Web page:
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All About Myopia (Nearsightedness)

Myopia, also known as nearsightedness, is when the eyes see close-up objects clearly, but objects far away are blurry. It occurs when the eyeball is too long and/or the cornea is too curved. Because of this, light rays focus in front of the retina instead of directly on the surface. For example, reading a book is no trouble, but reading distant road signs while driving is difficult for someone with nearsightedness.

Eye with Myopia Healthy Eye

Myopia Symptoms

  • Squinting
  • Eye strain
  • Fatigue or headaches from doing distant tasks

Myopia Causes

Nearsightedness is mostly inherited, similar to the other refractive errors, and typically begins in childhood.

Who Gets Myopia?

Myopia usually begins during childhood and stabilizes in early adulthood. However, in some cases, nearsightedness can worsen with age. That is why early eye exams for children and annual eye exams are so important to detect both early and ongoing signs of myopia and other eye conditions.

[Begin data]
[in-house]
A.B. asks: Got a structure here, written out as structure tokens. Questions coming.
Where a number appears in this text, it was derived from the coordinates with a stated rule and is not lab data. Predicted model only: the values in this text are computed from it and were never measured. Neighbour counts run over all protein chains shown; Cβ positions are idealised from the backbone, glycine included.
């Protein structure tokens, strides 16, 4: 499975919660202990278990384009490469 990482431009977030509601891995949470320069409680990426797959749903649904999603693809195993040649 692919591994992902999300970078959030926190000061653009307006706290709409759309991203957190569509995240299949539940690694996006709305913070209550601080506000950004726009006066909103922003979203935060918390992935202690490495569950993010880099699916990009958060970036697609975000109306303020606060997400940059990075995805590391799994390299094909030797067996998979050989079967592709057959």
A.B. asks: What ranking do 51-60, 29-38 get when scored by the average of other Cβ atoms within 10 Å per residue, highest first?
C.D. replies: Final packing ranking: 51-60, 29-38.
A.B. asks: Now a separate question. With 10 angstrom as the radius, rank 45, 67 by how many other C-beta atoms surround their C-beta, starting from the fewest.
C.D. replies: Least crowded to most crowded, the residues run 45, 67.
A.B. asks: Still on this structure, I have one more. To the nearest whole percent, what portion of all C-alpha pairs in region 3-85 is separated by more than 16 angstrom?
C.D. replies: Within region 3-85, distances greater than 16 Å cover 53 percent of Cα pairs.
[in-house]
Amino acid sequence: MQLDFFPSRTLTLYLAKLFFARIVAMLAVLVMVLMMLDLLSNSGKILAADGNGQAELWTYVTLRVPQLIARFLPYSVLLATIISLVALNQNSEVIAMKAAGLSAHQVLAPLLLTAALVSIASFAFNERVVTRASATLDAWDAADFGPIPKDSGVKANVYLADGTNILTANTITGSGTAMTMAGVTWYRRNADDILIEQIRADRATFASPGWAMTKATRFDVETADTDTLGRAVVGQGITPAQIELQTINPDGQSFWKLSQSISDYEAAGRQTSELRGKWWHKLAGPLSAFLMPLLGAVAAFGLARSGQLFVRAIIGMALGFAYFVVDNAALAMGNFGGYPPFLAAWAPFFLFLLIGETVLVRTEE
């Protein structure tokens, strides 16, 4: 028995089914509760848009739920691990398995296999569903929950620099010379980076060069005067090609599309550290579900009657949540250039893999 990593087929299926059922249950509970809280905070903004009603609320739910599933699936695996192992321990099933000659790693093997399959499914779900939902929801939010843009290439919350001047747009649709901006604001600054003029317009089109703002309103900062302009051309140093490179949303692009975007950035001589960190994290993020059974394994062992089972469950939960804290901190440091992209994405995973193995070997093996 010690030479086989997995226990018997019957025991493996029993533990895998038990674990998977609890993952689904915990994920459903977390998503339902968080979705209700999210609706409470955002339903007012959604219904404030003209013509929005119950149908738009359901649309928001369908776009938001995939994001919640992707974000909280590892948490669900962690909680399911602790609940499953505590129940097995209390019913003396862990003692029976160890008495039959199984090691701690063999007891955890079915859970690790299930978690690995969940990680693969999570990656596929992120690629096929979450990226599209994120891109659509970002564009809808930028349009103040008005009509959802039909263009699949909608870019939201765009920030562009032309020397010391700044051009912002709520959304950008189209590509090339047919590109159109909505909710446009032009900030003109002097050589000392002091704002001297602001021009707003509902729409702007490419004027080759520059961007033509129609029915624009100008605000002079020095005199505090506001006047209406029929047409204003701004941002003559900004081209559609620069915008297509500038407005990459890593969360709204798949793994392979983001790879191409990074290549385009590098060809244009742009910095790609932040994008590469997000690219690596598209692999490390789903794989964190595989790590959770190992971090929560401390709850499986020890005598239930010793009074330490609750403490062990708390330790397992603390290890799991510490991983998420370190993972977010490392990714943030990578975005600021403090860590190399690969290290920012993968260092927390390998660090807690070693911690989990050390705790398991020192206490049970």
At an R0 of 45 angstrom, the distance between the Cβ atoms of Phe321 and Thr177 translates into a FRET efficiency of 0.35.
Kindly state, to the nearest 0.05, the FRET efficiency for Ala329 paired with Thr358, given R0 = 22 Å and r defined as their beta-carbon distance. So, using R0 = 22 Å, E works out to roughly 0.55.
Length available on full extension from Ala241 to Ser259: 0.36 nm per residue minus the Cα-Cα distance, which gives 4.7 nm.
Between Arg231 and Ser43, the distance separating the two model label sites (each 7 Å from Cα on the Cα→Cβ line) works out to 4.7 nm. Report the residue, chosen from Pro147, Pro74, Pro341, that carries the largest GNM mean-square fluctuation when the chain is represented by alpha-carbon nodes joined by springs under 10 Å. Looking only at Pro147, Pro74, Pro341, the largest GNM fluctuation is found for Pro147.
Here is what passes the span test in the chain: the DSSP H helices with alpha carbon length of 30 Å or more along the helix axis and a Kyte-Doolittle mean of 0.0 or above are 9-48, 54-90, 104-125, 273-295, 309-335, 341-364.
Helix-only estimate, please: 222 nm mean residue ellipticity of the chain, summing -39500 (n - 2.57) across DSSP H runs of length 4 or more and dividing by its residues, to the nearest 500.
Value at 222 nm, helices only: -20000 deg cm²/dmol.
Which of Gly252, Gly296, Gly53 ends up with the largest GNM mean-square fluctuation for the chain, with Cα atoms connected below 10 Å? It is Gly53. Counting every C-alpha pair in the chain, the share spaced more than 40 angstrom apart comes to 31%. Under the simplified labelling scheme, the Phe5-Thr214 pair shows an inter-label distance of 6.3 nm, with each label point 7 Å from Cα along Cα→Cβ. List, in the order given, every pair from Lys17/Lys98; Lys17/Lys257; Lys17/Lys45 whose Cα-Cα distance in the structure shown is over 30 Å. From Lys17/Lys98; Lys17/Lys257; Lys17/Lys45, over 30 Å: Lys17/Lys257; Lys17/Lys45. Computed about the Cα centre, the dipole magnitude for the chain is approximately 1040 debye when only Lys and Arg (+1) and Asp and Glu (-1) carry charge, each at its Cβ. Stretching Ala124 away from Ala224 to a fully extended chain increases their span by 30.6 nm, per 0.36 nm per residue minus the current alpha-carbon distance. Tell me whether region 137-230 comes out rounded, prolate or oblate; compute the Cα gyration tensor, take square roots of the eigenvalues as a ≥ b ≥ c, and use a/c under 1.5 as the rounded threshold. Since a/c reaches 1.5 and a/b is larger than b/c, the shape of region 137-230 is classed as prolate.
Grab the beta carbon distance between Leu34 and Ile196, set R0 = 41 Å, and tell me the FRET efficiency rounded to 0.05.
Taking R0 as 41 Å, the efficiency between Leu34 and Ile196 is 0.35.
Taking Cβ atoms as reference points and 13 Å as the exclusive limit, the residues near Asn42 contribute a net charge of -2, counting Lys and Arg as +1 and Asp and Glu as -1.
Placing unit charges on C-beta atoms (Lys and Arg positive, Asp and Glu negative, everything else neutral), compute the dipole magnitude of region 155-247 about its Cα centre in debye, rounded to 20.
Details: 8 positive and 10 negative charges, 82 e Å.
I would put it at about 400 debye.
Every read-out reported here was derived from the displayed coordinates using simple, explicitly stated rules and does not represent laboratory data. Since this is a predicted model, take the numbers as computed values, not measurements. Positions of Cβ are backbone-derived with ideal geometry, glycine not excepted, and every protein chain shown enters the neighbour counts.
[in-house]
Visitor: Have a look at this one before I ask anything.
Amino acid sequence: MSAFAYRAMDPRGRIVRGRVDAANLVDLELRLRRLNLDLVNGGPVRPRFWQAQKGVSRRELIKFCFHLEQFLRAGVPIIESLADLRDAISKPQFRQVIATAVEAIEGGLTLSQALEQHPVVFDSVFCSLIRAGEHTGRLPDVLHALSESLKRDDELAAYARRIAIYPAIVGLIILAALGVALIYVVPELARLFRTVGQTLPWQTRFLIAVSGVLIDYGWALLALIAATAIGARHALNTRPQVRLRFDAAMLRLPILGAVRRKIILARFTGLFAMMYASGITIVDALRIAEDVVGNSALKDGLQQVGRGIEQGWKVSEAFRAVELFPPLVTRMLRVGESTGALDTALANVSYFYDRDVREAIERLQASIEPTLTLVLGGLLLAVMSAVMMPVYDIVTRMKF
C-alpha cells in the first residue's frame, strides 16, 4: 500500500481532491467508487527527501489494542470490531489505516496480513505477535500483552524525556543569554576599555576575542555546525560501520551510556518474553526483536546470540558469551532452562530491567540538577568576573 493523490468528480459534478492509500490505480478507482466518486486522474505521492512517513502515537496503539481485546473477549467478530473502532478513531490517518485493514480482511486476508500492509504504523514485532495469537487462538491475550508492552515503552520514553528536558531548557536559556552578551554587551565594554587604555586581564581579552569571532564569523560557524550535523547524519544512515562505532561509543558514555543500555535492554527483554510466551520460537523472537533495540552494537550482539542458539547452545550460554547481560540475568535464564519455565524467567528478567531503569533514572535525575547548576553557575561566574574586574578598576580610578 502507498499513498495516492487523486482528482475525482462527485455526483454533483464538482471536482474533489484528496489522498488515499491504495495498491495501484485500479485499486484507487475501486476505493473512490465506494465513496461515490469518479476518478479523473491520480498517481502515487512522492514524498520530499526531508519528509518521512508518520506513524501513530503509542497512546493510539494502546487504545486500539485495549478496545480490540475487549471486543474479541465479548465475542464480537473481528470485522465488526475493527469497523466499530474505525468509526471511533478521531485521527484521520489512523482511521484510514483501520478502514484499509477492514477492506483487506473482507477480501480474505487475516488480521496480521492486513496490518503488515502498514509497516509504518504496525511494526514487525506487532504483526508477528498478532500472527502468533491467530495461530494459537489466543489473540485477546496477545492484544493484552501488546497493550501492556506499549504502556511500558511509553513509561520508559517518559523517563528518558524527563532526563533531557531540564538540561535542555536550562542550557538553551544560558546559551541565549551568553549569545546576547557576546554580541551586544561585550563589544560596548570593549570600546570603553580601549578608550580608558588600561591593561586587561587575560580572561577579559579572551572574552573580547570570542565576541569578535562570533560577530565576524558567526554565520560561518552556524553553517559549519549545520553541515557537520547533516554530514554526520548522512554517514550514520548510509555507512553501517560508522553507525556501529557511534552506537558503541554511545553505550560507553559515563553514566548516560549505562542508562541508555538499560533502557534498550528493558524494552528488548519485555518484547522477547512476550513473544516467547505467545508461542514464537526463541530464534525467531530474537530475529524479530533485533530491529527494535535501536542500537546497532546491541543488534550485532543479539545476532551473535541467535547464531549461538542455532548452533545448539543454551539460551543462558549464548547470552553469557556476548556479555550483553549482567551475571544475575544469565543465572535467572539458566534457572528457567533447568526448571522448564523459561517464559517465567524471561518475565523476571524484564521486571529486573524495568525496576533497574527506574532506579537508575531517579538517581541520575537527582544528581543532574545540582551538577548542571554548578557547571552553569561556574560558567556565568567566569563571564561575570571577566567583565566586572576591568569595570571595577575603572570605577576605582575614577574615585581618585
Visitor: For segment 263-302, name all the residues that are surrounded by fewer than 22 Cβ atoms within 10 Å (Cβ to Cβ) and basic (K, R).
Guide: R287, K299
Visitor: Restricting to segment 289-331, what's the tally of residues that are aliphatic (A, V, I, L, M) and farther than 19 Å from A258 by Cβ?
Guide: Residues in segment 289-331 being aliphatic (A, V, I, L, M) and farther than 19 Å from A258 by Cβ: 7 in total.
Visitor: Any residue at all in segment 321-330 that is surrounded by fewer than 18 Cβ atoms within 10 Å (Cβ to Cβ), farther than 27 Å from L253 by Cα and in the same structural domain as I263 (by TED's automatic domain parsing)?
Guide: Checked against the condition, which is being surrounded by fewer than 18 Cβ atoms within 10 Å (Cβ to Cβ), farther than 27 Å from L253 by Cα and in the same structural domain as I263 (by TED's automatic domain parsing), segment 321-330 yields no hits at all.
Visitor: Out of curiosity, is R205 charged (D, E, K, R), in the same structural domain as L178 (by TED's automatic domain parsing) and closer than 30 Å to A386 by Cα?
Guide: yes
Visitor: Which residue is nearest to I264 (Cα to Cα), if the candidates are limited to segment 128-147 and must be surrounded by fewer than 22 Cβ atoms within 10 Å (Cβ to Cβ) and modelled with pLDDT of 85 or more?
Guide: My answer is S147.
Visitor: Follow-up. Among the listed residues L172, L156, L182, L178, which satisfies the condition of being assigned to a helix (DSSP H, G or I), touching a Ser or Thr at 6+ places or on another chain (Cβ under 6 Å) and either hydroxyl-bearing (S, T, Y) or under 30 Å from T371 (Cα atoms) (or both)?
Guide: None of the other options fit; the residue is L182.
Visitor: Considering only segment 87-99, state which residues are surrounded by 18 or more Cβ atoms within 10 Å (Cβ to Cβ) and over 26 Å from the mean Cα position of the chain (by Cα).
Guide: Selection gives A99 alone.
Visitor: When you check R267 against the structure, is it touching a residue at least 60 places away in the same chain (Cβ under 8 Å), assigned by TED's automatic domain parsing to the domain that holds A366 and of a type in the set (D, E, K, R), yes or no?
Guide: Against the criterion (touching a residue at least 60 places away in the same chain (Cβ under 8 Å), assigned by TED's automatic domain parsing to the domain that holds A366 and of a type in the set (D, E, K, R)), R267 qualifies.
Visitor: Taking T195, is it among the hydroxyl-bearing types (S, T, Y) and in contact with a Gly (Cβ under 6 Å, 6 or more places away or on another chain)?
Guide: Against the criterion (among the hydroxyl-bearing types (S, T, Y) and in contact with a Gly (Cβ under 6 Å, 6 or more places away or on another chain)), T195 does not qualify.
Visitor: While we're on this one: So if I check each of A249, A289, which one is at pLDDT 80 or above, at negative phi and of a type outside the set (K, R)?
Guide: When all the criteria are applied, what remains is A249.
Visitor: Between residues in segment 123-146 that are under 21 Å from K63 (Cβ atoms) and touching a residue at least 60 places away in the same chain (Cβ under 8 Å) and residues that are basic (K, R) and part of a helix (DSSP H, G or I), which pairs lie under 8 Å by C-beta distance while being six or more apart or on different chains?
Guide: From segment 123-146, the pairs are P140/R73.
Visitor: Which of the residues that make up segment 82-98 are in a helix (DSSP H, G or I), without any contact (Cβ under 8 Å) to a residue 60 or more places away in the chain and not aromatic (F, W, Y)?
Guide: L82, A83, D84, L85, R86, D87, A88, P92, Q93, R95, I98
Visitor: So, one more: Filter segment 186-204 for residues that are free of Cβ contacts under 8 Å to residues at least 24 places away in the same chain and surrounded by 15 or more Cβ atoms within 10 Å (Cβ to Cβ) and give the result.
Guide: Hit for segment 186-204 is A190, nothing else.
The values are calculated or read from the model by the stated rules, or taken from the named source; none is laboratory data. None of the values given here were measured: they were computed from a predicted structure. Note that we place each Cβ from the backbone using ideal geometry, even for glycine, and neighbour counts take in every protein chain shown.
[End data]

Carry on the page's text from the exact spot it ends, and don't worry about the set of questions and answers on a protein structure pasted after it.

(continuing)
Types of Myopia

The following conditions are rare and more severe forms of myopia:

  • High Myopia: This form of myopia is where the eyeball grows to be very long from front to back. Those with high myopia have a diopter (D), the unit used to measure the correction power of the lens, of -5.00 to -6.00 D or higher. Although it doesn’t generally lead to vision loss in itself, it does increase your chances of developing other conditions such as a detached retina, cataracts, and glaucoma.
  • Degenerative Myopia: This is a rare type of myopia, also called pathological or malignant myopia, that is usually hereditary. The lengthening of the eyeball occurs very quickly and becomes extremely elongated with no way to treat it. Typically by the teenage or early adult years, it will develop into severe myopia. Degenerative myopia can lead to having a detached retina, abnormal blood vessel growth in the eye, and glaucoma.

How to Correct Myopia

Prescription eyeglasses, contacts, or refractive surgery can be used to correct myopia. People with myopia have a glasses or contact lens prescription with a negative (-) number. The higher that number is, the stronger the prescription. For example, -3.50 is stronger than -2.00. Aspheric high-index lenses are a great option for those with nearsightedness because they are light and thin, even with strong prescriptions.

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